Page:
James Rushforth is a busy man. His Facebook feed is a never ending stream of beautiful pictures of climbers, skiers, walkers and mountain scenery to die for, most often the Dolomites where he spends a lot of his time. Although it makes me green with envy it does brighten the long gloomy hours spent working at my desk.

    There's something here for the broadest possible range of winter mountain visitors, from accomplished ski tourers to British hillwalkers taking their first steps by snow shoe.

    The Dolomites make for a perfect venue for snow shoeing and for those looking to complete their first forays out into a winter wonderland. The weather is often very stable, there is little glaciated terrain, there are bars and huts on many of the routes which serve good food and drink; all of this makes for a rather friendly experience far removed from the blizzards of the Cairngorms and their unpredictable weather.

    Furthermore many of the skiing routes are also modest and suitable for those looking for day tours but who still want a full mountain experience. It’s a good staging post before moving onto bigger adventures, somewhere you can hone and build skills without the commitment required in other more glaciated alpine areas.

    The pictures ARE stunning, but they need to be bigger to grab you by the hand, walk you to the travel agent and book you your ticket. That said, the maps are super, a step up from other touring guides I've seen, and everything is very clear.

    In summary, this guide is great for novice to intermediate winter explorers, looking for a beautiful area which is easy to access, well appointed with hotels and restaurants, and who want a holiday rather than an expedition. The book is fabulously well written, and while the pictures would really benefit from a bigger format the graphics are really good and its useful smaller format is at least handy for stuffing in pockets.

    UK Hillwalking. See the full review here.

    A cheaper, easier, slower - and rewarding - alternative to skiing? Snowshoeing – which is basically hiking in the snow using a pair of racket-like devices attached to the sole of your boots. This allows you to walk on snow-covered ground without sinking. Now among the fastest growing winter sports, snowshoeing has actually been around for thousands of years as a means of moving around, especially by hunters and farmers who could thus walk amid deep snow. The great thing about snowshoeing is that anybody can do it (and it’s a great workout too)!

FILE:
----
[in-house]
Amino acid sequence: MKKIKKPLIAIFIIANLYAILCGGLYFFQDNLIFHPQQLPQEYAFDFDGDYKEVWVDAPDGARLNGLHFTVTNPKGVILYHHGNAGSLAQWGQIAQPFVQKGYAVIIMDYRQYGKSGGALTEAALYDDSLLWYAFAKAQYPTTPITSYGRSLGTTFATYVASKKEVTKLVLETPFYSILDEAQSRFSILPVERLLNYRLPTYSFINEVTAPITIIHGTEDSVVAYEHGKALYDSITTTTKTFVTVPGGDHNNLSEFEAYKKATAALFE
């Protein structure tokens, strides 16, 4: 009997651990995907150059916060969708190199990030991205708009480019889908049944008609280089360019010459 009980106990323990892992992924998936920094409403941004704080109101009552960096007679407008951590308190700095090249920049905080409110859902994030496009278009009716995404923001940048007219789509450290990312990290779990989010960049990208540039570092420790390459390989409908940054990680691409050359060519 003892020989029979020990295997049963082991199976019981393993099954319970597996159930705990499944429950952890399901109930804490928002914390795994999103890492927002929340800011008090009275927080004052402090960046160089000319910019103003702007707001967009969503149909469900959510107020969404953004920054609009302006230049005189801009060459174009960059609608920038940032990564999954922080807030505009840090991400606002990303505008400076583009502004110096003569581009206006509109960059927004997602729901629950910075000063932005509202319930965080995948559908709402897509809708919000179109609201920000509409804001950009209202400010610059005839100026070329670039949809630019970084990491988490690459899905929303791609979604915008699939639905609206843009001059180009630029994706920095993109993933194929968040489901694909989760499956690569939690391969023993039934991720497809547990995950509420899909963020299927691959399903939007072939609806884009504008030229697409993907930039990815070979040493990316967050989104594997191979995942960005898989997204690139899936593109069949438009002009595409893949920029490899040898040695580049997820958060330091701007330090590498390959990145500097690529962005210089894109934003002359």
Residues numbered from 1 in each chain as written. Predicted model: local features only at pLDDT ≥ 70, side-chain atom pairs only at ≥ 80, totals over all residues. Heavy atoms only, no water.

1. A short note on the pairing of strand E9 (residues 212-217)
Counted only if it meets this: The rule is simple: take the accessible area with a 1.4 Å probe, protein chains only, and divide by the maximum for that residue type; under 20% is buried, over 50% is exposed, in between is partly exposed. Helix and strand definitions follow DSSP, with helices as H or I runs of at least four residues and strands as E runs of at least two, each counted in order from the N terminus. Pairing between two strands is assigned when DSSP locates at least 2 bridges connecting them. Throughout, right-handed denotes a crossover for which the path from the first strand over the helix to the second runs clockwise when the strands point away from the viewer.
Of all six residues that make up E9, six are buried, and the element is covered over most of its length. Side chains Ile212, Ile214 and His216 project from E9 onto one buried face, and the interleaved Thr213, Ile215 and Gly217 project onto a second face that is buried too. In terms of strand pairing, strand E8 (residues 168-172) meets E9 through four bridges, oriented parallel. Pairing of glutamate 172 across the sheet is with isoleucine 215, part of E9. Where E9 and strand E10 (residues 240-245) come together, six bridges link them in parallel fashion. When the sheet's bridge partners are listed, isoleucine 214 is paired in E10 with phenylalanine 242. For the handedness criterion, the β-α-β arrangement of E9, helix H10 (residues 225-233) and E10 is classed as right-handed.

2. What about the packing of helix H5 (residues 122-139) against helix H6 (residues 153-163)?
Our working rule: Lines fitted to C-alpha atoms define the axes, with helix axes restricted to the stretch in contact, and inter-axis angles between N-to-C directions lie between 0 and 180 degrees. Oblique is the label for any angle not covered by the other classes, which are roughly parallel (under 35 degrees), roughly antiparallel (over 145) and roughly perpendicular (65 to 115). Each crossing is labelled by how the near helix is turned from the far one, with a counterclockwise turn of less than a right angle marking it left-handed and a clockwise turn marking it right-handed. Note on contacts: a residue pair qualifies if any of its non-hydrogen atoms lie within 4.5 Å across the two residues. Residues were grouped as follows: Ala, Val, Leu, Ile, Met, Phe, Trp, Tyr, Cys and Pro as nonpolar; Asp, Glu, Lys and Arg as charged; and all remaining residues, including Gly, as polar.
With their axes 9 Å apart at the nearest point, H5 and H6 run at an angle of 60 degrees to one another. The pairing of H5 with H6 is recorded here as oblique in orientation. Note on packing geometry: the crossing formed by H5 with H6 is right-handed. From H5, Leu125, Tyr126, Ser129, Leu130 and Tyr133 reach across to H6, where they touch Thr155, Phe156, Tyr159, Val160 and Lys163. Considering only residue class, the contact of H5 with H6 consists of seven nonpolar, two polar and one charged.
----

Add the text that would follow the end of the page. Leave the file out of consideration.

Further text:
Whether you're new to snowshoeing or you have some experience, you'll find plenty of inspiration inside Ski Touring and Snowshoeing in the Dolomites.

    Italy Magazine

    "The routes have been chosen carefully to give you the best of what the area has to offer - a must for anyone looking to visit the Dolomites in Winter"

    Trek and Mountain magazine


    Banff Mountain Book Awards 2017 – Longlist for best guidebook. September 2017



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James Rushforth

James' interest in mountaineering began at a young age, spending family holidays in the Lake District and North Wales, yet it wasn't long before his passion for rock took him further afield to explore the mountains of northern Europe. He moved to the Italian Dolomites where he began notching up a series of ascents and began his writing career by penning a number of articles about his climbs for the noted website UK Climbing. This in turn led to his first publication, Rock Climbs and Via Ferrata - The Dolomites, published by Rockfax and nominated for the Banff Film Festival Book Award. Very much an all-round mountaineer, James is also a keen ski tourer and ice climber and has spent many cold winter months exploring the couloirs and ice falls that adorn the rocky peaks of the Dolomites. Another passion which developed alongside his love for mountains and writing is photography, with his landscape and sports photography work gaining international acclaim.

View Articles and Books by James Rushforth